SF: Well, FinCEN will keep the report and information in a database that will not be accessible by the public. And FinCEN is only authorized to disclose the reported information to a limited group of people, including federal law enforcement agents involved in stopping money laundering and other illicit activity, state law enforcement agencies–but only with a court order–and financial institutions to help them with their due diligence responsibilities, but only with the reporting company's consent.
So Greg, if you are on make a request to FinCEN, for some of this information, you will be turned down. And in fact, there are stiff penalties for any government employee who discloses the information from this database to someone not authorized to receive it.
GC: Well, that's one set of penalties. Speaking of other penalties, though, what are the penalties for small businesses that fail to file a beneficial ownership report?
SF: They're pretty stiff. A willful failure to make a required filing carries a civil penalty of up to $500 per day and fines of up to $10,000 and two years in prison.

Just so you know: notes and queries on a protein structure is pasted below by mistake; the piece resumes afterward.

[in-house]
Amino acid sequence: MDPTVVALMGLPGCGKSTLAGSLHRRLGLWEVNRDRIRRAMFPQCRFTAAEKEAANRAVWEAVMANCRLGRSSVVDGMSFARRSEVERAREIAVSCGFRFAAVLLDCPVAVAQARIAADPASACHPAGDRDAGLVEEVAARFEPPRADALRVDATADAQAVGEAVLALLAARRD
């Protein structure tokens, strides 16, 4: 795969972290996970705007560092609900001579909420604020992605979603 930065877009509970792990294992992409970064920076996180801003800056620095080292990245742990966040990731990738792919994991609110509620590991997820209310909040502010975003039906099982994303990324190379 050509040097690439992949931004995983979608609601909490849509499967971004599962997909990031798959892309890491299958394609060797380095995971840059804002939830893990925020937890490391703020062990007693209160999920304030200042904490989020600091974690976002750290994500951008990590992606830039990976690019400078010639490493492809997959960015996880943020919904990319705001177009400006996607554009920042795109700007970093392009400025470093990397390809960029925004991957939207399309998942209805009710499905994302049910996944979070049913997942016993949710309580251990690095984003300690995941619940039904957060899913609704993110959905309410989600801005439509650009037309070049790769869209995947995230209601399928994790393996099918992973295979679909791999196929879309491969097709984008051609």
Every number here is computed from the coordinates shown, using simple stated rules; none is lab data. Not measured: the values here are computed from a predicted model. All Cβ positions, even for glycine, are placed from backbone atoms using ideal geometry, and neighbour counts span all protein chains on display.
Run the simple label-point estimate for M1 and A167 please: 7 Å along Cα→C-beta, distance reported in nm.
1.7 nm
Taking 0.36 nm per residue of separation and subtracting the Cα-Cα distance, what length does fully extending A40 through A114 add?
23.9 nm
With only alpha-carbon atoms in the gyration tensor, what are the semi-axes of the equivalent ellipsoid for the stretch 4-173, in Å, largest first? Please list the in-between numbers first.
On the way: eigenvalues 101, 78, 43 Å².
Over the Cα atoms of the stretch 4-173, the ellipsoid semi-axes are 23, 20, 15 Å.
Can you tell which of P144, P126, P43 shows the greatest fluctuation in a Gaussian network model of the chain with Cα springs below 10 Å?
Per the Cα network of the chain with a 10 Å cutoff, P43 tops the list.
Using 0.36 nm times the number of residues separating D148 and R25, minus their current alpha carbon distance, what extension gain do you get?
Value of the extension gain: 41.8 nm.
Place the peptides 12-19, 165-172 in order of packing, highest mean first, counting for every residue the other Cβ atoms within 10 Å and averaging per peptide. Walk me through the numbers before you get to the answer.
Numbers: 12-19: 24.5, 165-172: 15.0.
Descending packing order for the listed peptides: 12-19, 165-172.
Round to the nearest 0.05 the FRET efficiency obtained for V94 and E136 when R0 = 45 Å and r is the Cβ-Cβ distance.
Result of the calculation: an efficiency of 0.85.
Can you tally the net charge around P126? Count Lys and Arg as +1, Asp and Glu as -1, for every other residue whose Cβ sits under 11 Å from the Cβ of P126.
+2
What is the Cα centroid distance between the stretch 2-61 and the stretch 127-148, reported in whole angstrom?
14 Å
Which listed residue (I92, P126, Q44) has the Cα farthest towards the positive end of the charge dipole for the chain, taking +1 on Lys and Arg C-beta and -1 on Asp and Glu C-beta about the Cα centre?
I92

GC: Wow, that is quite stiff. So although reporting may not begin for a while, is there something small businesses ought to be doing now?
SF: Yes, there is. Anyone who owns an LLC or corporation should be asking themselves: is my LLC or corporation exempt? And they may want to get some legal advice if they're not sure. And if their LLC or corporation is not exempt, they should start gathering the information they'll need to put in a beneficial ownership report. And they should make sure to keep that information up to date so that they'll be ready when the time comes to file their first beneficial ownership report with FinCEN and avoid those penalties.
GC: Yes, always better to be prepared for the soonest possible filing deadline than hoping it'll be next year or some other time.
Sandra, excellent information. Great to have everybody caught up on an important issue like this. Really appreciate your time today. Thank you.
SF: Thank you, Greg.
GC: Sandra Feldman is publications attorney at CT Corporation. I'm Greg Corombos, and for more information on this subject, refer to this article, The Corporate Transparency Act imposes new beneficial ownership reporting obligations on business entities.